The Race to Save the Lord God Bird

BOOK: The Race to Save the Lord God Bird
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In memory of James Tanner;
and to the many biologists and conservationists to come
who will continue his work
by preserving species in their habitats
James Tanner
And to Giraldo Alayón,
who, like the Ivory-bill itself,
balances science and magic in Cuba
Giraldo Alayón with
sons Giraldo (left)
and Julio, in 1987
Table of Contents
A BIRD OF THE SIXTH WAVE
TO BECOME EXTINCT IS THE GREATEST TRAGEDY IN NATURE. EXTINCTION MEANS THAT ALL THE members of an entire species are dead; that an entire genetic family is gone, forever. Or, as ornithologist William Beebe put it, “When the last individual of a race of living things breathes no more, another heaven and another earth must pass before such a one can be again.”
Some might argue that this doesn't seem so tragic. After all, according to scientists, 99 percent of all species that have ever lived are now extinct. And there have already been at least five big waves of mass extinction, caused by everything from meteorites to drought. The fifth and most recent wave, which took place a mere 65 million years ago, destroyed the dinosaurs along with about two-thirds of all animal species alive at that time. In other words, we've been through this before.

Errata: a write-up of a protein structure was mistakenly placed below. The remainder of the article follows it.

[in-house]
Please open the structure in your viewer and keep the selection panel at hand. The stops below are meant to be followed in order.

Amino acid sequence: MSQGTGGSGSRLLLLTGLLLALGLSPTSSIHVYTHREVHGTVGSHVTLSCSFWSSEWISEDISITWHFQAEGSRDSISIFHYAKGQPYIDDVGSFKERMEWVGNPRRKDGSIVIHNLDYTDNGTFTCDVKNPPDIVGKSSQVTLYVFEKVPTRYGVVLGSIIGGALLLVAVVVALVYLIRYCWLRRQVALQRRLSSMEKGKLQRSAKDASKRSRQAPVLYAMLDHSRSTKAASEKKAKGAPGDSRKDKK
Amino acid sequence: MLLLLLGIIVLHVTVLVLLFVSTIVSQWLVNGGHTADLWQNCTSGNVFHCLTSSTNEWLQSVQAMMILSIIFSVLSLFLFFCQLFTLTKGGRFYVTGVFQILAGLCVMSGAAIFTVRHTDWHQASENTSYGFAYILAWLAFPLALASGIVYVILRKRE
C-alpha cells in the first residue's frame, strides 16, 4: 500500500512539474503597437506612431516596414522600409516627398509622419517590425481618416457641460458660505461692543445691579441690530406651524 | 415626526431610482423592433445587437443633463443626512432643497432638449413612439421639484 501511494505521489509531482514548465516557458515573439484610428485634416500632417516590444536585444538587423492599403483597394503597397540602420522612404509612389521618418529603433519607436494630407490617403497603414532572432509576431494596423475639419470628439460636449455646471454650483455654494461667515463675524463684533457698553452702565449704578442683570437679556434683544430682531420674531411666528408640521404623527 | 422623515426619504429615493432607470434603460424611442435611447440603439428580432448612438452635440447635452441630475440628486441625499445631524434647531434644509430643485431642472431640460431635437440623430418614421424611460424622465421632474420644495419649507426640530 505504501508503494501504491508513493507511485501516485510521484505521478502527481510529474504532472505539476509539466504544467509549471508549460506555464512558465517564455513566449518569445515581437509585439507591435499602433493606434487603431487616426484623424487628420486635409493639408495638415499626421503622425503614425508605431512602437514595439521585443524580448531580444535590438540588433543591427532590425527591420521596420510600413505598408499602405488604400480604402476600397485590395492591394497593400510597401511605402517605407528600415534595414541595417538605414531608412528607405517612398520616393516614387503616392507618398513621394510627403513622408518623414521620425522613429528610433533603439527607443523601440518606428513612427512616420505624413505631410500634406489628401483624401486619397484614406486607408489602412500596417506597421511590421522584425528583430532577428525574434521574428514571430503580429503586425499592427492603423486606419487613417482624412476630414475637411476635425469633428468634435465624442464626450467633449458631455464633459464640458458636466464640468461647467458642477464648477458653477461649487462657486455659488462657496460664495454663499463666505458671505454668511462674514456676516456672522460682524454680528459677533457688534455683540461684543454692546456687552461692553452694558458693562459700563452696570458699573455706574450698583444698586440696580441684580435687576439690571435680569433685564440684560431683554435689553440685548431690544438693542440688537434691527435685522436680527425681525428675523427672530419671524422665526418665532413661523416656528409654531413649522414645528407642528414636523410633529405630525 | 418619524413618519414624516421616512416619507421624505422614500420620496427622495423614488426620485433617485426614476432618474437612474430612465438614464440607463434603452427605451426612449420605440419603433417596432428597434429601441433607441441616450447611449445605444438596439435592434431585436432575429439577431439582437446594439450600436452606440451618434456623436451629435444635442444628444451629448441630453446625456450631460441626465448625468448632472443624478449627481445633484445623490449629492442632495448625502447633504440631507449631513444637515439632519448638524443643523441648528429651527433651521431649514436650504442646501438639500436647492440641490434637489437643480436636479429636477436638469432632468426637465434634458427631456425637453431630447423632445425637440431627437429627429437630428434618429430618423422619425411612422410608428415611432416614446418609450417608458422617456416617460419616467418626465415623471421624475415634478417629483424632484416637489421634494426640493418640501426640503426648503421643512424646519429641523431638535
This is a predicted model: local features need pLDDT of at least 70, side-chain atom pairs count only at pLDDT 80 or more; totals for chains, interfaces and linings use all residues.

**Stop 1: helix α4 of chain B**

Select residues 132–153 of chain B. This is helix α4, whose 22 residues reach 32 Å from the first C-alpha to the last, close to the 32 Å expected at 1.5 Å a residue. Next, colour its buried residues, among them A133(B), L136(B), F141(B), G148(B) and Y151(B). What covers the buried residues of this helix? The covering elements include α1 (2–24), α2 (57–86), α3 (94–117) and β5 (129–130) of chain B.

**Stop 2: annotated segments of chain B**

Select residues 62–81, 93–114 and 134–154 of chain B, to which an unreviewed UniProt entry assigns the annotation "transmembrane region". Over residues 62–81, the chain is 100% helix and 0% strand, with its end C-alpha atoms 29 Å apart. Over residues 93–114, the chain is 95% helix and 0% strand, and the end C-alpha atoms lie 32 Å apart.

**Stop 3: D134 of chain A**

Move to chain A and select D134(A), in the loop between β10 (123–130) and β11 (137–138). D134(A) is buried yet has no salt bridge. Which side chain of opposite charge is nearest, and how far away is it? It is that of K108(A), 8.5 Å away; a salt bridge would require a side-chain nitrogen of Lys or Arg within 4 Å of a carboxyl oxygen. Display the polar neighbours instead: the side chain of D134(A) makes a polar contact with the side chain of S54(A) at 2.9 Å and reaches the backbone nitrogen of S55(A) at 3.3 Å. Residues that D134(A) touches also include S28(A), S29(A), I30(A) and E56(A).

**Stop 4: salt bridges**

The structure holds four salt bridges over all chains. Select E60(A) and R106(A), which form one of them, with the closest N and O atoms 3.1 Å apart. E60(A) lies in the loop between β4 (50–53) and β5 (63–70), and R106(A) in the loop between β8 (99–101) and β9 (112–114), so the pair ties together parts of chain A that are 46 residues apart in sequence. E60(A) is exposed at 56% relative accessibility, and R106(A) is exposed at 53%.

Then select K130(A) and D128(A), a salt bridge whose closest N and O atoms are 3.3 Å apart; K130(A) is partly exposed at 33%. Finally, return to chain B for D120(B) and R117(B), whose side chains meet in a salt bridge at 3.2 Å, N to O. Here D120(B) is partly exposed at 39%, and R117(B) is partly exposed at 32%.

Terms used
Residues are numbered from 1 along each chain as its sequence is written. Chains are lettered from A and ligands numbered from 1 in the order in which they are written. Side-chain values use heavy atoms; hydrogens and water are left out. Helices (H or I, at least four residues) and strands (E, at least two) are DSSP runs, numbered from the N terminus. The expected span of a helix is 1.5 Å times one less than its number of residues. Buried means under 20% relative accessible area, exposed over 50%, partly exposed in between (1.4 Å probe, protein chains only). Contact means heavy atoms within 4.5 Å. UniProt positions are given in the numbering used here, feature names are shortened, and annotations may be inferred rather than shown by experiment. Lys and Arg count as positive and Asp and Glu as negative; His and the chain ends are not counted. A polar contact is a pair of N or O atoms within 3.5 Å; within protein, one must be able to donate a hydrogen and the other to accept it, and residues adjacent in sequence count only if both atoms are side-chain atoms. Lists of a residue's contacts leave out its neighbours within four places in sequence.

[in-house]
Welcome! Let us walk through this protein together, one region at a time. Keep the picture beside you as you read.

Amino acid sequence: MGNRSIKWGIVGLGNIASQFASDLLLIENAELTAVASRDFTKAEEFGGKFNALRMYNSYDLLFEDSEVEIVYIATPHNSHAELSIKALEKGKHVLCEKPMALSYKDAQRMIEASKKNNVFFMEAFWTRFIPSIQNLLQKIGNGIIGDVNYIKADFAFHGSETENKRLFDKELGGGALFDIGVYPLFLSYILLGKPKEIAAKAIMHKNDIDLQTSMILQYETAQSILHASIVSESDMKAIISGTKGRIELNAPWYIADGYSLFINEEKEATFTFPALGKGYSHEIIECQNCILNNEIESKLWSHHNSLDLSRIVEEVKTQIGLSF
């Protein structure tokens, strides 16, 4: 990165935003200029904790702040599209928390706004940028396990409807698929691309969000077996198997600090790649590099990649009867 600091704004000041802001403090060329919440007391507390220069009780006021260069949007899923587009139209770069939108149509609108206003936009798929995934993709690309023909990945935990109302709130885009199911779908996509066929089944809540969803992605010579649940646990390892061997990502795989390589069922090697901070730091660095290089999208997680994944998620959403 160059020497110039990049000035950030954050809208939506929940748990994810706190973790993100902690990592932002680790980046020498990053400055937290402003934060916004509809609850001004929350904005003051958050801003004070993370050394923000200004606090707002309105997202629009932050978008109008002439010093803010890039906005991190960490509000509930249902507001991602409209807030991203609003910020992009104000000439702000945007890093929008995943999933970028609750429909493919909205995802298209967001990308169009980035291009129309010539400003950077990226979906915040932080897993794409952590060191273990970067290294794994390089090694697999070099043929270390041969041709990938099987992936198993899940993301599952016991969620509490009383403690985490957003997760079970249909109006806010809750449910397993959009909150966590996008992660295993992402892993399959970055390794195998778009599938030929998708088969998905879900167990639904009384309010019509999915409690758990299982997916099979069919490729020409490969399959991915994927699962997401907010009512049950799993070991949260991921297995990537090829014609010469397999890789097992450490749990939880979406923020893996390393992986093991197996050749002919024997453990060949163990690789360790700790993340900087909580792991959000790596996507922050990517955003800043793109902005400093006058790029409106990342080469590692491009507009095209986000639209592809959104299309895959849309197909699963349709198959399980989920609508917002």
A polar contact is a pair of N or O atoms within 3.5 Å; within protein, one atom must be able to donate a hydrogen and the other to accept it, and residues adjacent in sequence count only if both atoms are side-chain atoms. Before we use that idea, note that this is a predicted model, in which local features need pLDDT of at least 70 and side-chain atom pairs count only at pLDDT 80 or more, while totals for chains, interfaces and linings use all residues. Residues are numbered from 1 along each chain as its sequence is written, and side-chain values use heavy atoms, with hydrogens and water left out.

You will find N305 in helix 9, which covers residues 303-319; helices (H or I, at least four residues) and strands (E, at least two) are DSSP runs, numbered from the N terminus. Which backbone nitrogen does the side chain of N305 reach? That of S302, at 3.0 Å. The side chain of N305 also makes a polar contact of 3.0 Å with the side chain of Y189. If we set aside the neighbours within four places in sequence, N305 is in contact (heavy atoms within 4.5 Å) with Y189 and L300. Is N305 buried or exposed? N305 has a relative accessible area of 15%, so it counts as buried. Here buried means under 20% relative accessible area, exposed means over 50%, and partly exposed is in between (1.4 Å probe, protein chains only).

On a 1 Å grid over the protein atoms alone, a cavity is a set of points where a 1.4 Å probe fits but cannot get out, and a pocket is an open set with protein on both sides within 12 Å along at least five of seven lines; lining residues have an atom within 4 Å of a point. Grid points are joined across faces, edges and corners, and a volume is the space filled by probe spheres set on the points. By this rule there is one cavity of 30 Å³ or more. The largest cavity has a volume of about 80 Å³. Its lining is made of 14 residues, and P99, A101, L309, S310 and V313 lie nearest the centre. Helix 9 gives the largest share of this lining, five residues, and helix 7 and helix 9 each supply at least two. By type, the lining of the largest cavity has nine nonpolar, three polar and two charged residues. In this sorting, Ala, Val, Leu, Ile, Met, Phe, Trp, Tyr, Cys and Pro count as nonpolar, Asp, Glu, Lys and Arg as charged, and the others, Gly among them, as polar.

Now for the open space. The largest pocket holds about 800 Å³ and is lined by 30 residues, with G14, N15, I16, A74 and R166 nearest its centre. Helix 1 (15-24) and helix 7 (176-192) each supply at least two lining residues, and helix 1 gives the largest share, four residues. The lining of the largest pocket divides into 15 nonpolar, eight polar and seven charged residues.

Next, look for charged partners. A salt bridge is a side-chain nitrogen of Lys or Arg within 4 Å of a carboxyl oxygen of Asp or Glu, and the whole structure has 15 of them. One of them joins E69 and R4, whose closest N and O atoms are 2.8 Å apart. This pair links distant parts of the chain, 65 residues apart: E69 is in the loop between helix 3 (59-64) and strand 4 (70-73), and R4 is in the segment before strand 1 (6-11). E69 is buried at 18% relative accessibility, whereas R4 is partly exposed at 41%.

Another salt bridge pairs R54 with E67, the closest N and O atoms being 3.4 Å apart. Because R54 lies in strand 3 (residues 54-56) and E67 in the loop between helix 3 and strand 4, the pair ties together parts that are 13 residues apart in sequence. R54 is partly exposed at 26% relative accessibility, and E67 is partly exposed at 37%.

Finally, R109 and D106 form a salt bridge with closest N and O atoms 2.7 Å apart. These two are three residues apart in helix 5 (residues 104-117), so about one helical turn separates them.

But the sixth wave, the one that's happening now, is different. For the first time, a single
species,
Homo sapiens
—humankind—is wiping out thousands of life forms by consuming and altering the earth's resources. Humans now use up more than half of the world's fresh water and nearly half of everything that's grown on land. The sixth wave isn't new; it started about twelve thousand years ago when humans began clearing land to plant food crops. But our impact upon the earth is accelerating so rapidly now that thousands of species are being lost every year. Each of these species belongs to a complicated web of energy and activity called an ecosystem. Together, these webs connect the smallest mites to the greatest trees.
This is a story about a species of the sixth wave, a species that was—and maybe still is—a bird of the deep forest. It took only a century for
Campephilus principalis,
more commonly known as the Ivory-billed Woodpecker, to slip from a flourishing life in the sunlit forest canopy to a marginal existence in the shadow of extinction. Many species declined during that same century, but the Ivory-bill became the singular object of a tug-of-war between those who destroyed and sold its habitat and a new breed of scientists and conservationists dedicated to preserving species by saving habitat. In some ways, the Ivory-bill was the first modern endangered species, in that some of the techniques used today to try to save imperiled plants and animals were pioneered in the race to rescue this magnificent bird.
I say the Ivory-bill “maybe still is” a bird of the deep forest because some observers, including some very good scientists, believe that a few Ivory-bills continue to exist. Since I first became interested in birds in 1975, I have read or heard dozens of reports that someone has just caught a fresh glimpse or heard the unmistakable call of the Ivory-bill. Again and again, even the slimmest of rumors sends hopeful bird-watchers lunging for their boots, smearing